Your petitions: Nicola Thorp's story
16 November 2016
Nicola Thorp started a petition after she was sent home from work for refusing to wear high heels. Her petition was signed by over 152,000 people and led to an inquiry by the Petitions Committee into workplace dress codes. Nicola discusses her campaign.
Last year I was sent home from work without pay because I refused to wear high heels in the office. I was told that it was ‘company policy' to require women to wear 2-4 inch heels at all times.
When I called a citizens advice line, I was shocked to hear that an employer has the legal right to distinguish between a male and female dress code, as long as they are seen to be treating both sexes fairly. I argued that asking women to wear heels for 40 hours a week, was unfair and clearly sexist. Not only was it a health and safety issue, but the whole purpose and design of heels is intended to make a woman look ‘more attractive'. The same goes with makeup. There is no reason for a woman to have to wear either to be better at her job.
It seemed to me that the law was unclear, and was currently working against female employees. So I did what any millennial with a burning question would do: I googled it. ‘How do you change the law?' and one of the results returned to me included a link to the government petitions site.
High heels petition
I set to work writing up a petition. It's not as complicated as you might think, and you only have to write a short title, and a brief description of your cause. You do, however have to be clear on what it is you want to achieve, and why.
Once approved, I then shared the petition on facebook and it was then shared hundreds of times. Because of the nature of the petition, it got a lot of people talking, and sparked a debate, and in turn was picked up by news outlets and shared all over the media. I think the fact that the petition was created using the government site and guidelines, meant that people took it more seriously, as it was clear, depending on the amount of signatures, a government response was guaranteed.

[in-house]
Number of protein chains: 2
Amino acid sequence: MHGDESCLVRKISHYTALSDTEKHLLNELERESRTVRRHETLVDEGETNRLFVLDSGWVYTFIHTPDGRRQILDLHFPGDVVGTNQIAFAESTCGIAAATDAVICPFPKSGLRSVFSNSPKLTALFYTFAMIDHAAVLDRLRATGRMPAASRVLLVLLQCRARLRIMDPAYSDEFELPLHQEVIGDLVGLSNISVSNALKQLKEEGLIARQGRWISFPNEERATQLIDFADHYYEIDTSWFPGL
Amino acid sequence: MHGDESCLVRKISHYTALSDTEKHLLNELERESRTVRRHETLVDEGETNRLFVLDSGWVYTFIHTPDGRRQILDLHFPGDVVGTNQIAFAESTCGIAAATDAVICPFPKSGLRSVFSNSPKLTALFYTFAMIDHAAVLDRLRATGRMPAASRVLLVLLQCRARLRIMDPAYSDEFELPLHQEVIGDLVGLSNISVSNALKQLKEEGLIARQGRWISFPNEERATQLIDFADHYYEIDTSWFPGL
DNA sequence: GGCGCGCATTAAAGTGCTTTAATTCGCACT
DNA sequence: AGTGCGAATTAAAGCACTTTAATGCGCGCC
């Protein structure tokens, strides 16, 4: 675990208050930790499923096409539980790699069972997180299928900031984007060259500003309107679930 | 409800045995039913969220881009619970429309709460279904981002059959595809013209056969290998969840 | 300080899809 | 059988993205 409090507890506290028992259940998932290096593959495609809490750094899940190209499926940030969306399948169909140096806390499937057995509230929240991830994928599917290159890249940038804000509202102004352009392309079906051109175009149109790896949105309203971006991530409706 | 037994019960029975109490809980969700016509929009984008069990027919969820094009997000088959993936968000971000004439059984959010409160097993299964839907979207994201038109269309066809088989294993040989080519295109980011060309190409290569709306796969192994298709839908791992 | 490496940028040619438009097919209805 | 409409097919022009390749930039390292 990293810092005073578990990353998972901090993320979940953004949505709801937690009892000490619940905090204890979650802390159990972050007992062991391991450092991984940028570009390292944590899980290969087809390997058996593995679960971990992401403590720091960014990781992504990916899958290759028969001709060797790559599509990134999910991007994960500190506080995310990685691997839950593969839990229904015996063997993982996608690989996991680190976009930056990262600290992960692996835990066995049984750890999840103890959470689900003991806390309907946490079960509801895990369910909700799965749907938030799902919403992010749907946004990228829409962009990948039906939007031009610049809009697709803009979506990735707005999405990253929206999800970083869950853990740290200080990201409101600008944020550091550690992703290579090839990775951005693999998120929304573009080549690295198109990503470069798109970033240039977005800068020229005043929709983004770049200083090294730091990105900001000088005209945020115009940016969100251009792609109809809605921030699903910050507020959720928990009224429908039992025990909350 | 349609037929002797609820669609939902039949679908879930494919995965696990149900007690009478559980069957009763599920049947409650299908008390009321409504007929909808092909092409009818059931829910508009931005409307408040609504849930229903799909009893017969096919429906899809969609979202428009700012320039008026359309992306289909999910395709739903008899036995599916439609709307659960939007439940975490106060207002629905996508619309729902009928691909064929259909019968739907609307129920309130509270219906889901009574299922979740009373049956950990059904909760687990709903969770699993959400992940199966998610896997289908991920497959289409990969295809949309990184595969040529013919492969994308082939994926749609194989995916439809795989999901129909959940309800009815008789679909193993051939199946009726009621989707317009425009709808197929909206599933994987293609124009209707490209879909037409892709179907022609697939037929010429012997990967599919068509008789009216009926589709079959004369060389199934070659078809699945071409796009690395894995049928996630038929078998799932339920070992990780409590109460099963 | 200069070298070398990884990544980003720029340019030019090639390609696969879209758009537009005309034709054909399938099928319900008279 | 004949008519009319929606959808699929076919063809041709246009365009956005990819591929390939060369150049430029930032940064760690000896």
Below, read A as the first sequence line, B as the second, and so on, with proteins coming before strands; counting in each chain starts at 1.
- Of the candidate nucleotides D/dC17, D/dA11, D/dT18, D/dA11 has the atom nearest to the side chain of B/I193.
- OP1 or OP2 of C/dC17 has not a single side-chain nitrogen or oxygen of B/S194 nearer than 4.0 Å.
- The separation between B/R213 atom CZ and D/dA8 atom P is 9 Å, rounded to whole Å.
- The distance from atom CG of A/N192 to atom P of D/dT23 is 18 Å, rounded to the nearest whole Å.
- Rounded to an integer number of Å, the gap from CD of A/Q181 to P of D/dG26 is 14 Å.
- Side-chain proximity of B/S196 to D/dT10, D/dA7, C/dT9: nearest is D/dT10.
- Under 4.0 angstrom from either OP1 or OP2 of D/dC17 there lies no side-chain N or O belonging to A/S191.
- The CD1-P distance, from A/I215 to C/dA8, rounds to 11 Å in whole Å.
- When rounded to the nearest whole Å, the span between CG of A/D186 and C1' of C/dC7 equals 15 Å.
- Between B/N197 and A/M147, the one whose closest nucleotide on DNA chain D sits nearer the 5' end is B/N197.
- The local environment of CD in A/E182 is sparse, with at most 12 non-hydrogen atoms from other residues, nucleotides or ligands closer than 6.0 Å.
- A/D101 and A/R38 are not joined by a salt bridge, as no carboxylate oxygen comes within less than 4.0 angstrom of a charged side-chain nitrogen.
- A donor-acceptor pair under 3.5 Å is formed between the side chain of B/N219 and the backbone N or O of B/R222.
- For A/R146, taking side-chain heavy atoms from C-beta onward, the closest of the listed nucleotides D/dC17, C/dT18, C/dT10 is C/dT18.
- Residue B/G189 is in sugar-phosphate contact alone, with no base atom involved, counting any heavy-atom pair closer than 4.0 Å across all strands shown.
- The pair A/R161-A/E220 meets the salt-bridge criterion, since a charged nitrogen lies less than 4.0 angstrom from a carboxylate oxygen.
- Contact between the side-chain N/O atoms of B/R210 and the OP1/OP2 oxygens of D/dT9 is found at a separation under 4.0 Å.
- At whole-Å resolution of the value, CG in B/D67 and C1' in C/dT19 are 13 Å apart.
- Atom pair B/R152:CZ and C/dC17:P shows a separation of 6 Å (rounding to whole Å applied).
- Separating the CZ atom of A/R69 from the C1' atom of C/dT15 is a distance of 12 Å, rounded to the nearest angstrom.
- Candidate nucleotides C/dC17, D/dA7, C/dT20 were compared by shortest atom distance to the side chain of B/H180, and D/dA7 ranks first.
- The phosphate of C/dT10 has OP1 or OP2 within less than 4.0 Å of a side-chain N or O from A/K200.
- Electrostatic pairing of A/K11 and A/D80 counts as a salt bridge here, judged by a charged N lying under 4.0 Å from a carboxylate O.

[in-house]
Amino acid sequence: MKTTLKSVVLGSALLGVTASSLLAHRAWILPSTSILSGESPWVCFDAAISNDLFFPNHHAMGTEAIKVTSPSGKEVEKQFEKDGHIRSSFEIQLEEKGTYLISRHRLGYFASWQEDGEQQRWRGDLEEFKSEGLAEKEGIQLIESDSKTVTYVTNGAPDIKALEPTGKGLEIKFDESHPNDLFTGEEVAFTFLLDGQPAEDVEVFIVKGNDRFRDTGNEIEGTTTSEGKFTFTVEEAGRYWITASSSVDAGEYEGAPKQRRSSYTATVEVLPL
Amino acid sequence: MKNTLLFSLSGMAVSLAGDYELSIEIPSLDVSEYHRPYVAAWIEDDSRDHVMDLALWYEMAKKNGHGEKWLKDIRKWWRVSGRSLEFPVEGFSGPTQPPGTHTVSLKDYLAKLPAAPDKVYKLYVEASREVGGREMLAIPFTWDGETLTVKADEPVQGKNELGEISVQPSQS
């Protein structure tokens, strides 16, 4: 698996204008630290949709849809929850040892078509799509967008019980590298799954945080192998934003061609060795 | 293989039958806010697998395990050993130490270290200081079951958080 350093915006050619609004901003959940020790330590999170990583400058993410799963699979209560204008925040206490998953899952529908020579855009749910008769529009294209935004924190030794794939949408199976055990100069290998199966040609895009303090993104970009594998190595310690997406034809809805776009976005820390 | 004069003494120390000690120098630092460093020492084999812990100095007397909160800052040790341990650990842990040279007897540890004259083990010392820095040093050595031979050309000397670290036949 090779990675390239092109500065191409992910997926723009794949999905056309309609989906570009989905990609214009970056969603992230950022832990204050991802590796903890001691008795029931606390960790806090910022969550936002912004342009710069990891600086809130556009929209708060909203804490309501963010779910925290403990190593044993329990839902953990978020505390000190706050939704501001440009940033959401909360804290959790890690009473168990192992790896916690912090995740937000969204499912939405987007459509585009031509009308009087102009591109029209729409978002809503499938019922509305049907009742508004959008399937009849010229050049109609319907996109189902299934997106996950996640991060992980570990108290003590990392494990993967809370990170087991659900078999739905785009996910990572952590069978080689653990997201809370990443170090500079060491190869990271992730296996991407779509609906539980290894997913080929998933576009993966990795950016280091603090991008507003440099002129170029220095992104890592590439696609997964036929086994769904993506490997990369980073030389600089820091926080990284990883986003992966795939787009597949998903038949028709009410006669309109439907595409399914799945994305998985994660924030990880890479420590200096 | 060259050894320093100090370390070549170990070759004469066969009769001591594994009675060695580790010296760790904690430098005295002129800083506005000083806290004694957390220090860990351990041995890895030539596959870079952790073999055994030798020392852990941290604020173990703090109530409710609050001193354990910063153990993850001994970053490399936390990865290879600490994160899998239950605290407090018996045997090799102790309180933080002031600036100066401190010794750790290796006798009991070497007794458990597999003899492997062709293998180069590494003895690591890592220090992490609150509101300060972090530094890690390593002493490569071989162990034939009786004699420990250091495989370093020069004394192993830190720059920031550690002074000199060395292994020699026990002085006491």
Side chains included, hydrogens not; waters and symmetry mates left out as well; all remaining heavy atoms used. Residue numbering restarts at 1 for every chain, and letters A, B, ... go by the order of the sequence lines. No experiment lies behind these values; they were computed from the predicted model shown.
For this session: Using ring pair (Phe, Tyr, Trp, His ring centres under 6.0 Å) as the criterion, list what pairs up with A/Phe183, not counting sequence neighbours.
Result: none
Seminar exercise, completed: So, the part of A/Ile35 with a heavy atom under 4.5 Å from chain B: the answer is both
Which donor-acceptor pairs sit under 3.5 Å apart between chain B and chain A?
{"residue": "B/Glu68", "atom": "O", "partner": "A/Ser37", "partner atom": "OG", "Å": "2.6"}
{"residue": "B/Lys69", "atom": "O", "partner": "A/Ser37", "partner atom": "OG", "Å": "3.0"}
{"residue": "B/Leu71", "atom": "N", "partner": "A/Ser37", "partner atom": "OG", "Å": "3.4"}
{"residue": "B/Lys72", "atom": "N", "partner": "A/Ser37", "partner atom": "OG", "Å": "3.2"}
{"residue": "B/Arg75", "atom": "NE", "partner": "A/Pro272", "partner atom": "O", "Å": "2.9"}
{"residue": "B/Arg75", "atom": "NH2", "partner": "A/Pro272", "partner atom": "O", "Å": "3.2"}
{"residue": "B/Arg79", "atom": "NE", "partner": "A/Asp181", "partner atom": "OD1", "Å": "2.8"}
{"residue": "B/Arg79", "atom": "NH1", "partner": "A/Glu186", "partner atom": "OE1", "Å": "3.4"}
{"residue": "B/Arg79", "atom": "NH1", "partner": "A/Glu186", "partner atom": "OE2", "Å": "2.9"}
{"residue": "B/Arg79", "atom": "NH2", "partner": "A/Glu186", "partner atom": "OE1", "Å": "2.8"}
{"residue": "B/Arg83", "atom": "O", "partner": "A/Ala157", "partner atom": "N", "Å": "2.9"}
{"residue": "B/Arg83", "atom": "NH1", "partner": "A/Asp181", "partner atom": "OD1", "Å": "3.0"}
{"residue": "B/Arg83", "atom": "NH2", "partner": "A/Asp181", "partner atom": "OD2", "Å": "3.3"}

Inquiry and debate
I had never expected the petition to gain over 100,000 signatures in only three days, and was delighted to attend an inquiry into dress code policy at Westminster some weeks later. And I am currently waiting to hear if the decision will be made to debate the issue to parliament. I hope it does, as I think that the response to the petition shows that this is an issue that many people care about and the time has come for a change in the law to set an example for women's equality in the workplace, and to move forward in breaking down harmful gender stereotypes.
The attention that the petition received was overwhelming, and at times I thought ‘What on earth have I got myself in for?', but I felt very strongly about the cause, and the fact that I was sharing a petition through the government petitions site made such a difference as it was taken seriously by my peers.
Find out more
The Petitions Committee's inquiry on high heels and workplace dress codes was launched in June 2016. The Committee held two public evidence sessions to hear from petitioners and experts. A web forum was also set up that allowed individuals to share their experiences. The Committee is due to publish its findings shortly in a report.
- Inquiry: High heels and workplace dress codes
- Web forum: High heels and workplace dress codes
- Your Petitions: a year of action (web version)
- Your Petitions: a year of action
The Petitions Committee looks back at what your petitions have achieved in its first year as part of UK Parliament Week 2016. UK Parliament Week is a programme of events and activities that connects people with the UK Parliament.
Image: Nicola Thorp
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